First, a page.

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Age of Acquisition Effects in Word and Object Processing

A Special Issue of Visual Cognition

Edited by Chris Barry, Robert A. Johnston

Psychology Press – 2006 – 276 pages

Series: Special Issues of Visual Cognition

Purchasing Options:

  • Add to CartHardback: $125.00
    978-1-84169-804-5
    June 21st 2006

Description

Models of word and object processing have been informed by experimental data relating to the effects of important marker variables, particularly word frequency. In recent times, however, the role of word frequency has come to be questioned due to the demonstration of the impact of a correlated variable called "age of acquisition" (AoA), which is an index of when a word was first learned. Early acquired words tend to be of high frequency while late-acquired words tend to be of low frequency. Currently, there is a lively debate in the literature about the operation of AoA and word frequency in word and object processing, and how these effects might be modelled in connectionist architectures. Issues relate to: the relationship between AoA and word frequency; the locus of impact of AoA; and the types of identification task (e.g., recognition, comprehension or naming) that are influenced by the AoA of the target. Originally, AoA was thought to be a factor which operated at a name retrieval stage and which consequently only affected naming responses. However, more recent conceptualizations suggest that AoA effects arise out of the order in which items are learned and consequently may operate on many types of recognition task. Recent demonstrations of AoA effects in non-naming tasks may be seen to favour the latter explanation, but the debate is far from over.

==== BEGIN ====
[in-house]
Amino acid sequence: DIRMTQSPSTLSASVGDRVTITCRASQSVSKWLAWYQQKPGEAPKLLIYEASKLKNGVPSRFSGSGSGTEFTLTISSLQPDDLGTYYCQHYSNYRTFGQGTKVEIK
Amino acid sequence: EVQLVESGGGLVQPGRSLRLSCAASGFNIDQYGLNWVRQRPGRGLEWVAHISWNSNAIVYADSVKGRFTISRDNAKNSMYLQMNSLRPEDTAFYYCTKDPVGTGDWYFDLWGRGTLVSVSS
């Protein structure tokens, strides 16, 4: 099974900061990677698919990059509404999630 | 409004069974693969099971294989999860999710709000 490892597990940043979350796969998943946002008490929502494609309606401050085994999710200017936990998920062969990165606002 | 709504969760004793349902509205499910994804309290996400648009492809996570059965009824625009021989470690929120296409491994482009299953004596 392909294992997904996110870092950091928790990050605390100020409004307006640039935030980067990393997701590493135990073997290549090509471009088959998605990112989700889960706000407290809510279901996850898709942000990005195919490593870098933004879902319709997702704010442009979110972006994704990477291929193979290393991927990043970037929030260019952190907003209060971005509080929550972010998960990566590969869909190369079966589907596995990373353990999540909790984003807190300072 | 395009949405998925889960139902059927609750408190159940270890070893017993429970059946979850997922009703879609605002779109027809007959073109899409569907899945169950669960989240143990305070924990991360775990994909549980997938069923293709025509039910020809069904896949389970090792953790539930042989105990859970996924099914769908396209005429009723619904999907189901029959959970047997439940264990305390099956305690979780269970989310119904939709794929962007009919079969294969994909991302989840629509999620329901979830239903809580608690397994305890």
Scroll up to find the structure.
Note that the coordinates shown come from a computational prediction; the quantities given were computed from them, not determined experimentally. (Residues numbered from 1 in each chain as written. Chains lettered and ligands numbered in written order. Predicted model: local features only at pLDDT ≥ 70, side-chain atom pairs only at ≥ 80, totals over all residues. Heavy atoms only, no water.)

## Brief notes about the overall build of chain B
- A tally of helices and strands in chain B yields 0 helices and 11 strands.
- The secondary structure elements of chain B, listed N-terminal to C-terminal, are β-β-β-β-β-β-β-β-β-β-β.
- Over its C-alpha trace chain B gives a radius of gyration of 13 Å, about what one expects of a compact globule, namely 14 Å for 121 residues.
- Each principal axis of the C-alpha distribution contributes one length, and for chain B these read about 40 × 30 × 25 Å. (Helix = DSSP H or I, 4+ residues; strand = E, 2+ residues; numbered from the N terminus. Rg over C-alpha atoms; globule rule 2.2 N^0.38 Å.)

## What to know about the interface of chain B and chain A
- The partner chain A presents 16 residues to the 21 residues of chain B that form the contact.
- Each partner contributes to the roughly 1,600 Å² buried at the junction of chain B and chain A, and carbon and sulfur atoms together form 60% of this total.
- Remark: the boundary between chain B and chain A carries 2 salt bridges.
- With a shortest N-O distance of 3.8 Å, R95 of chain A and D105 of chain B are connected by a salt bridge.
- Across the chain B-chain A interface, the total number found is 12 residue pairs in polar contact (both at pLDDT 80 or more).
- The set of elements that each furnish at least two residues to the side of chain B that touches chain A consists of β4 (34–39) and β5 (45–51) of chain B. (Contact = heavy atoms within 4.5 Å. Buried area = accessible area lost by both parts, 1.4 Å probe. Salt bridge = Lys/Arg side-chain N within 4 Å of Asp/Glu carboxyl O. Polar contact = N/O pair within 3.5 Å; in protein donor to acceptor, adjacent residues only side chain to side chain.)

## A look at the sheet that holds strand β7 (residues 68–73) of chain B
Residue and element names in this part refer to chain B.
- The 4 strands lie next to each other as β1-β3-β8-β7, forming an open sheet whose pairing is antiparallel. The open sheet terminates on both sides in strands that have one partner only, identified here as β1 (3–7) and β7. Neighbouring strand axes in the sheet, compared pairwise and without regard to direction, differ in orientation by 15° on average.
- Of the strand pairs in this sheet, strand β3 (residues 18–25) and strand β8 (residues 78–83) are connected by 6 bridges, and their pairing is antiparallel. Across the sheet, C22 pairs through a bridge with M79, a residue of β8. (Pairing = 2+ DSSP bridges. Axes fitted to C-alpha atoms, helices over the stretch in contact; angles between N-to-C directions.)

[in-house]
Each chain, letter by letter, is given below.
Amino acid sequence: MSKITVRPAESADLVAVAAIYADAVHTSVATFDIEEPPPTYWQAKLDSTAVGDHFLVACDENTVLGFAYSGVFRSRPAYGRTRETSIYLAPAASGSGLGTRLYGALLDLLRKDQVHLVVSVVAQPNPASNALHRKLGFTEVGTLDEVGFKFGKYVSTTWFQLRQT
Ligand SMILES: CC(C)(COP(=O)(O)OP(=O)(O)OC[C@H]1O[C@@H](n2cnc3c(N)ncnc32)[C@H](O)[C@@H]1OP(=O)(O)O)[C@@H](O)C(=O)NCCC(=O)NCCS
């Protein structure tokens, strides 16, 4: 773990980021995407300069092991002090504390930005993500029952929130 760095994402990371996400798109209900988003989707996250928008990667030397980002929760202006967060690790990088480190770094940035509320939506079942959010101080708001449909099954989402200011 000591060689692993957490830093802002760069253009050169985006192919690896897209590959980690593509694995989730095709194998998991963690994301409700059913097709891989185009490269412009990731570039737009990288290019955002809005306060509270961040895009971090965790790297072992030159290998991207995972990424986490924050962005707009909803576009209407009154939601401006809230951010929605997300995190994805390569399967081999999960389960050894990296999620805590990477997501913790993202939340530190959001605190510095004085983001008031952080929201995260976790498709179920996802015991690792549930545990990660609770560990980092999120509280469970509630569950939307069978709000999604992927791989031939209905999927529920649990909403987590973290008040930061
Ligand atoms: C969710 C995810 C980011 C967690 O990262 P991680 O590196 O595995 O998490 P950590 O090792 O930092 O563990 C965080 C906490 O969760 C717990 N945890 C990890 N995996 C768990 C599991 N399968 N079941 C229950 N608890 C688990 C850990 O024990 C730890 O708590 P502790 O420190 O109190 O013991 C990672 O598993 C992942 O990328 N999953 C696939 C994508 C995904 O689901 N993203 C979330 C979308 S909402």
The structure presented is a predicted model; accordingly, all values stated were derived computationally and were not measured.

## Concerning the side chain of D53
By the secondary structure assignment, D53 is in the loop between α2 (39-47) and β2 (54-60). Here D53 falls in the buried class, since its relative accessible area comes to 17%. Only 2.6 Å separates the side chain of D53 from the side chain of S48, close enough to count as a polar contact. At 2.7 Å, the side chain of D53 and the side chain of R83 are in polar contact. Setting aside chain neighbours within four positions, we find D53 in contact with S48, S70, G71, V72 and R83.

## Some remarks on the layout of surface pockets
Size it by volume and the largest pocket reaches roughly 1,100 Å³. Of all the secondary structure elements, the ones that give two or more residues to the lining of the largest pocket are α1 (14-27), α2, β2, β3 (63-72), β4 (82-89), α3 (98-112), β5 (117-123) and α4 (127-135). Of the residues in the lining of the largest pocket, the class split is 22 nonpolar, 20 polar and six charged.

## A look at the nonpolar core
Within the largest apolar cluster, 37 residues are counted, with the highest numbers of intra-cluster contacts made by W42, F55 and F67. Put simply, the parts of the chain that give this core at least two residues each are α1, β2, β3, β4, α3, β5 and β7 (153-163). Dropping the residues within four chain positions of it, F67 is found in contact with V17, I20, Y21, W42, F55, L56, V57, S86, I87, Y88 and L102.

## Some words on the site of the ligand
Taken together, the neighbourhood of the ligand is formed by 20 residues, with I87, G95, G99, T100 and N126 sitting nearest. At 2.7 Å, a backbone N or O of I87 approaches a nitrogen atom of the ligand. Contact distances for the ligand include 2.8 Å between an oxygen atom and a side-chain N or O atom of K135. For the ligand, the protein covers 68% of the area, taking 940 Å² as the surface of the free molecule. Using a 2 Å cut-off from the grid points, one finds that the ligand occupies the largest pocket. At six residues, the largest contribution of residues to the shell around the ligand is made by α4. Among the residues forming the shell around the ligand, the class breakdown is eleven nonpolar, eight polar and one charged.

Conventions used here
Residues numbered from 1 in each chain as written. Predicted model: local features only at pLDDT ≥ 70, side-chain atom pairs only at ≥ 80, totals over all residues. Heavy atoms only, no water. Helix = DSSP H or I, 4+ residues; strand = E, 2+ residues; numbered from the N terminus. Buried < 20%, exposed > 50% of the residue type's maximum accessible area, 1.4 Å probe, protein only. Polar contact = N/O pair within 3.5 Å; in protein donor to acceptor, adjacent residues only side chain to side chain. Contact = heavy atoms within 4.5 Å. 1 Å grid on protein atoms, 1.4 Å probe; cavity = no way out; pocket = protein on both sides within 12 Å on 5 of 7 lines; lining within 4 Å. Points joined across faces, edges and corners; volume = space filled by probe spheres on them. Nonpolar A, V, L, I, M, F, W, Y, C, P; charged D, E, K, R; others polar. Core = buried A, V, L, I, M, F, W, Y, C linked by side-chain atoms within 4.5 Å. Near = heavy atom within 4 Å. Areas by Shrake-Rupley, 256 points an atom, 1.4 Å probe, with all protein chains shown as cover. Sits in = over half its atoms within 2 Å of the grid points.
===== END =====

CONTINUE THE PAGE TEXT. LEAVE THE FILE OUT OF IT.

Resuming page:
Contents

R.A. Johnston, C. Barry, Age-of-Acquisition and Lexical Processing. B.J. Juhasz, K. Rayner, The Role of Age-of-Acquisition and Word Frequency in Reading: Evidence from Eye Fixation Durations. M. Chalard, P. Bonin, Age-of-Acquisition Effects in Picture Naming: Are They Structural and/or Semantic in Nature? S.J. Holmes, A.W. Ellis, Age of Acquisition and Typicality Effects in Three Object Processing Tasks. C. Barry, R.A. Johnston, R.F. Wood, Effects of Acquisition, Age and Repetition Priming on Object Naming. M.A. Lambon-Ralph, S. Ehsan, Age of Acquisition Effects Depend on the Mapping Between Representations and the Frequency of Occurrence: Empirical and Computational Evidence. C.M. Morrison, Z.C. Gibbons, Lexical Determinants of Semantic Processing Speed. J.C. Catling, R.A. Johnston, The Effects of Age of Acquisition on an Object Classification Task. I. Raman, On the Age of Acquisition Effects in Word Naming and Orthographic Transparency: Mapping Specific or Universal? J. Havelka, I. Tomita, Age of Acquisition in Naming Japanese Words. M. Brysbaert, M. Ghyselinck, The Effect of Age-of-Acquisition: Partly Frequency-Related, Partly Frequency-Independent. M.B. Lewis, Chasing Psycholinguistic Effects: A Cautionary Tale. A.E. Hernandez, C.J. Fiebach, The Brain Bases of Reading Late Learned Words: Evidence from Functional MRI.

Name: Age of Acquisition Effects in Word and Object Processing: A Special Issue of Visual Cognition (Hardback)Psychology Press 
Description: Edited by Chris Barry, Robert A. Johnston. Models of word and object processing have been informed by experimental data relating to the effects of important marker variables, particularly word frequency. In recent times, however, the role of word frequency has come to be questioned due to the...
Categories: Visual Cognition, Language, Psychology of, Language Development